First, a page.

Girl’s gone wild, but it feels like a repeat

Special to The Times

The swirl of bad girl shenanigans, Hollywood satire and noir-ish melodrama in “Mini’s First Time” that was intended to make for an icy cocktail of prurience and moral insight tastes more like freezer burn instead.

It’s ostensibly a dark comedy of negligent parenting that turns the smirky, sexually adventurous teen daughter (Nikki Reed) of a coked-up, never-was actress (Carrie-Anne Moss) into a conspiring playmate for her vengeance-seeking stepfather (Alec Baldwin).

But it more often exposes the laziness of writer-director Nick Guthe, who is all influences -- “American Beauty,” “Lolita,” “The Opposite of Sex,” James M. Cain novels -- and little originality. The first half-hour is wackadoodle enough in its high-gloss, low-taste scene-setting to suggest an Adrian Lyne-directed “Mean Girls.” That’s because among the “firsts” that Mini wants to try -- new experience is her mantra -- is, naturally, prostitution. (Only a movie like this could think the world’s oldest professional cliche, women playing hookers, feels like a first.) But when her debut john turns out to be Baldwin’s character, a plot is hatched to drive his wife, Mini’s mom, around the bend, with tragic results.

Eventually, a dogged detective (Luke Wilson) starts sniffing around, and a movie whose only hope had been camp classic becomes poisonously dull, as scheme unravelings often do in these types of tales. The actors’ lot is one of unfortunate misuse. Reed may have cornered a segment of the market on lipsticked sirenhood after “Thirteen,” but blown up to lead size, she’s no Barbara Stanwyck. And tamping down a felicitously devilish actor like Baldwin just seems criminal.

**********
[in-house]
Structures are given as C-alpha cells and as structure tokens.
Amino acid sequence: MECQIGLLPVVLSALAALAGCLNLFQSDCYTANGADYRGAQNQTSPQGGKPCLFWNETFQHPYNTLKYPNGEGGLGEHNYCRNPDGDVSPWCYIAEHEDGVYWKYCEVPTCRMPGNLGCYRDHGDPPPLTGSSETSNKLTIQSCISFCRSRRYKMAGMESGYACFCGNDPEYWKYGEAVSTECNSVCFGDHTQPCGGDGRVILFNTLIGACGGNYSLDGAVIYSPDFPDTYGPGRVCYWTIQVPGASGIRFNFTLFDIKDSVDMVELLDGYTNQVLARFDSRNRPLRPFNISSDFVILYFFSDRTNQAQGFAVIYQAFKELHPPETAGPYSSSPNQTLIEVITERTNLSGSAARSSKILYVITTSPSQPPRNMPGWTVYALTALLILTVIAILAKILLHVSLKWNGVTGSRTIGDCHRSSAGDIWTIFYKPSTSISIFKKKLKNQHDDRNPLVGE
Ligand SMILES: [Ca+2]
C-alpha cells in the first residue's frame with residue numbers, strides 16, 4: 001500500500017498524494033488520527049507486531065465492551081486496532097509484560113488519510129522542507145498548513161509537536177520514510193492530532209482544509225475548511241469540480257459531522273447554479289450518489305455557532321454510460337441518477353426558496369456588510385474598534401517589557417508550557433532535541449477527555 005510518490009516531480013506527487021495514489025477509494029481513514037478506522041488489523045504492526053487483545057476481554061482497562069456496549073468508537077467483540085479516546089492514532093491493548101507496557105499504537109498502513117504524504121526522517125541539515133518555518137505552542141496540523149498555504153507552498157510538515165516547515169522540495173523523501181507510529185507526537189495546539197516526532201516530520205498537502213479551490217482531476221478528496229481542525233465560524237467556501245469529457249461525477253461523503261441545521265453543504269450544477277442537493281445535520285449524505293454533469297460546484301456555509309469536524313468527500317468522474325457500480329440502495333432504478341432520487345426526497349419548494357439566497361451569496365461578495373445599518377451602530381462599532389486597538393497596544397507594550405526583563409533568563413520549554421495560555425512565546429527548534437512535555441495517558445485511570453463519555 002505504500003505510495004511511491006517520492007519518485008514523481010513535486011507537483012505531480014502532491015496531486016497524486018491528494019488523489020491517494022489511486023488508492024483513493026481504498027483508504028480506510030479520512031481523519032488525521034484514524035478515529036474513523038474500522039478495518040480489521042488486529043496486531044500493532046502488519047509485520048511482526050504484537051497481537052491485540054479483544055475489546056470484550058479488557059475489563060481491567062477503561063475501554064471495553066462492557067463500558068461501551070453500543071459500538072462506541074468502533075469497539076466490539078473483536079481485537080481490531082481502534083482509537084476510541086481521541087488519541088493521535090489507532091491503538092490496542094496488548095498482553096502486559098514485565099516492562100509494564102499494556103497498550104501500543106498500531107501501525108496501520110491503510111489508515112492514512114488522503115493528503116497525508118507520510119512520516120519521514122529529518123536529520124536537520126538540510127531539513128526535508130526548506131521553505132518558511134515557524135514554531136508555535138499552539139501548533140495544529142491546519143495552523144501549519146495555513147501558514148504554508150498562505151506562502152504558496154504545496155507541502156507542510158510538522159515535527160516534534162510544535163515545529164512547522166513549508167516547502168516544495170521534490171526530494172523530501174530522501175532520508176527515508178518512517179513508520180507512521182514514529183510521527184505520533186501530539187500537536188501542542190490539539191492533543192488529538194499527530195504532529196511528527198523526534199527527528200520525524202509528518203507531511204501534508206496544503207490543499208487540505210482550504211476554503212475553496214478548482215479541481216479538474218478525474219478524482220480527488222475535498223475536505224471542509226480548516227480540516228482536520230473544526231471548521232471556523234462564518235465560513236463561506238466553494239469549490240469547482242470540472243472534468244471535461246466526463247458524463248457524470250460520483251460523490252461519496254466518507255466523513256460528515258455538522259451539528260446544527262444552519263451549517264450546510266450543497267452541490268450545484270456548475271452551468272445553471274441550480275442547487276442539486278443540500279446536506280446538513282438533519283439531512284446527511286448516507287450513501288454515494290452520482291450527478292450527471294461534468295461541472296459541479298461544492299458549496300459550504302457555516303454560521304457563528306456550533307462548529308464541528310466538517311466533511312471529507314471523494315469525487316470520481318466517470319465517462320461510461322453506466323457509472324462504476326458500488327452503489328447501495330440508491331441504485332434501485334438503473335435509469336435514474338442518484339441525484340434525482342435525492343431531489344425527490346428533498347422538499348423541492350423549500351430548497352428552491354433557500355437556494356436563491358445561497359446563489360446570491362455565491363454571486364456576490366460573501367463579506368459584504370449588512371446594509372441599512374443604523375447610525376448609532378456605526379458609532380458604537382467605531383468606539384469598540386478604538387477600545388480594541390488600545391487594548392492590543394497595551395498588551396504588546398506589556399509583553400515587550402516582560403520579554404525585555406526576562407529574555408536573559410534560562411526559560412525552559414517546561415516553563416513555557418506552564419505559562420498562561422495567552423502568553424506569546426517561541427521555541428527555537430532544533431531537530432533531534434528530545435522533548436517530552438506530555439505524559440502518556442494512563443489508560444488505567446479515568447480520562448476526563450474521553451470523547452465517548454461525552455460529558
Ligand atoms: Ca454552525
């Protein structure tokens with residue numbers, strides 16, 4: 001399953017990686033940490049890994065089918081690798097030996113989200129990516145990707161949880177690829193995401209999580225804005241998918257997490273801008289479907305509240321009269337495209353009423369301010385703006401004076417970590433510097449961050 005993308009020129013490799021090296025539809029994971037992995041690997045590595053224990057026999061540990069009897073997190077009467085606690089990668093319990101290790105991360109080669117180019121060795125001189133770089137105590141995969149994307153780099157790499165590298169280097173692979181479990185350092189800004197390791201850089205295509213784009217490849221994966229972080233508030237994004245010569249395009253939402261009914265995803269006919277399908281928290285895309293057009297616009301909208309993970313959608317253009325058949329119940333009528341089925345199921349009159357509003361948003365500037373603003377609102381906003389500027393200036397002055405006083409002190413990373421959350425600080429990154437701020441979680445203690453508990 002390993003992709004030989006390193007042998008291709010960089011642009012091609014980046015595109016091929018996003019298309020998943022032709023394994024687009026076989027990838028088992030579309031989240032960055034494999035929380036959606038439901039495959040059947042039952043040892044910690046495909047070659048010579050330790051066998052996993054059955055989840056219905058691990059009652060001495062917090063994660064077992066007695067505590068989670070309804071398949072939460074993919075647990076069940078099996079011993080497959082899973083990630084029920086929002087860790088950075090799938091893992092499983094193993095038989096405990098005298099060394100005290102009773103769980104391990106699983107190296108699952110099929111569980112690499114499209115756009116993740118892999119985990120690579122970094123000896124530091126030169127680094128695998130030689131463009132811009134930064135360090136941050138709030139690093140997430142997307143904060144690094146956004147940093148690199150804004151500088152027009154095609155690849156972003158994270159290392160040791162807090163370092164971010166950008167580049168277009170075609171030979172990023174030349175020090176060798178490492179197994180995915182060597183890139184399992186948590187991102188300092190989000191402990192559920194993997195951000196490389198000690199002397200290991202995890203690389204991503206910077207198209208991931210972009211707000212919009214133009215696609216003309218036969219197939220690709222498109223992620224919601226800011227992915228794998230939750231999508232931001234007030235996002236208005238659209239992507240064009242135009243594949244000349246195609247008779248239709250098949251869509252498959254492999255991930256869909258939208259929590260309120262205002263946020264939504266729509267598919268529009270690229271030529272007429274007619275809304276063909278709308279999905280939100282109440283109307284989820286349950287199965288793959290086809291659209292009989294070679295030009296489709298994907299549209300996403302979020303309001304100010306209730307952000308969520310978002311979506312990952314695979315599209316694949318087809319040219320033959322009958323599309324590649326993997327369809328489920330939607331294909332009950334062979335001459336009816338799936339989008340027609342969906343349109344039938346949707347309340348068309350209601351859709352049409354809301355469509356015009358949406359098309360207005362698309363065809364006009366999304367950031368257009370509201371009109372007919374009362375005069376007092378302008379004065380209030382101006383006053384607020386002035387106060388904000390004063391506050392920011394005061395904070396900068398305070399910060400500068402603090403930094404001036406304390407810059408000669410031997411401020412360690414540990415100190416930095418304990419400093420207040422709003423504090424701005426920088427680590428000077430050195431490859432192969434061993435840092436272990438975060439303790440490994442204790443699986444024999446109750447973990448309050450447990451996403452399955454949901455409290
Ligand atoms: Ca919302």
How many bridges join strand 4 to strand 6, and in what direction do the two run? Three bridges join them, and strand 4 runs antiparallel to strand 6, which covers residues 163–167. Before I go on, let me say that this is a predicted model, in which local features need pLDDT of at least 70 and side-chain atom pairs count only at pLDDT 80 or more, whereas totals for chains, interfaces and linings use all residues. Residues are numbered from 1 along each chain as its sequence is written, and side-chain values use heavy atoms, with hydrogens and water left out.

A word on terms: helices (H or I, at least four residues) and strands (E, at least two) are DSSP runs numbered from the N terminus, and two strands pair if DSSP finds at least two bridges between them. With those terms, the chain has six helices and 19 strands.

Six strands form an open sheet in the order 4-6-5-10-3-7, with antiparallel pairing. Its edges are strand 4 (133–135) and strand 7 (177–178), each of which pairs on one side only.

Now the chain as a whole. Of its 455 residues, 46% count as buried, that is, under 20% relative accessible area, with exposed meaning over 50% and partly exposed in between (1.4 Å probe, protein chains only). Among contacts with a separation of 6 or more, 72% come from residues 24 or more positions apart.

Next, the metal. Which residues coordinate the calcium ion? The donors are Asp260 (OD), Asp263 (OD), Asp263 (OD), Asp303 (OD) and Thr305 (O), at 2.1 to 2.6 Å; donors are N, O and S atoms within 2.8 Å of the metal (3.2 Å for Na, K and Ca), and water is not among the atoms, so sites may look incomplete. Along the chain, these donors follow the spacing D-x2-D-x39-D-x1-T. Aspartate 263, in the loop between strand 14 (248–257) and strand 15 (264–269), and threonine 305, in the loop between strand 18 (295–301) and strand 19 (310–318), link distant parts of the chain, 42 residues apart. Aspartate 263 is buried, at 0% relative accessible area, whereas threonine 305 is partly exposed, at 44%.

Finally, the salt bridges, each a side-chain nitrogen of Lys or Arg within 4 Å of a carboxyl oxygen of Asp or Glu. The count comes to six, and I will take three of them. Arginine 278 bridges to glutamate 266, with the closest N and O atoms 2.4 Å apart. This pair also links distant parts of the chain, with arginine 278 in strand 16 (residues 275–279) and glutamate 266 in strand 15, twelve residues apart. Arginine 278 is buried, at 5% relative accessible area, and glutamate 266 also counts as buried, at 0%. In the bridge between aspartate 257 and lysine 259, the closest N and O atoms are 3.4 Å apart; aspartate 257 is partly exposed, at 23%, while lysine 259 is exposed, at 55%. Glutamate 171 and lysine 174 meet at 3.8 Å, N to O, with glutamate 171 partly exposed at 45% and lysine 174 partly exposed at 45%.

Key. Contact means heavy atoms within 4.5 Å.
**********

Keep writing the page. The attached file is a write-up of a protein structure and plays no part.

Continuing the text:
But Guthe doesn’t even grasp that Moss -- getting some solidly cutting laughs from her embittered pleasure seeker -- is his most interesting creation, worthy of a full-fledged satire of ill-advised mothering. The movie never recovers from her ignominious (and disturbingly cruel) exit. Then it just falls back into the kind of snap-on Beverly Hills culture cynicism that, unlike what the title implies, feels like the 116th time.


‘Mini’s First Time’

MPAA rating: R for strong sexual content, language, drug use and a scene of violence.


A First Independent Pictures release. Writer-director Nick Guthe. Producers Kevin Spacey, Dana Brunetti, Edward Bass, Evan Astrowsky. Director of photography Daniel Stoloff. Editor Michael Ruscio. Running time: 1 hour, 31 minutes.

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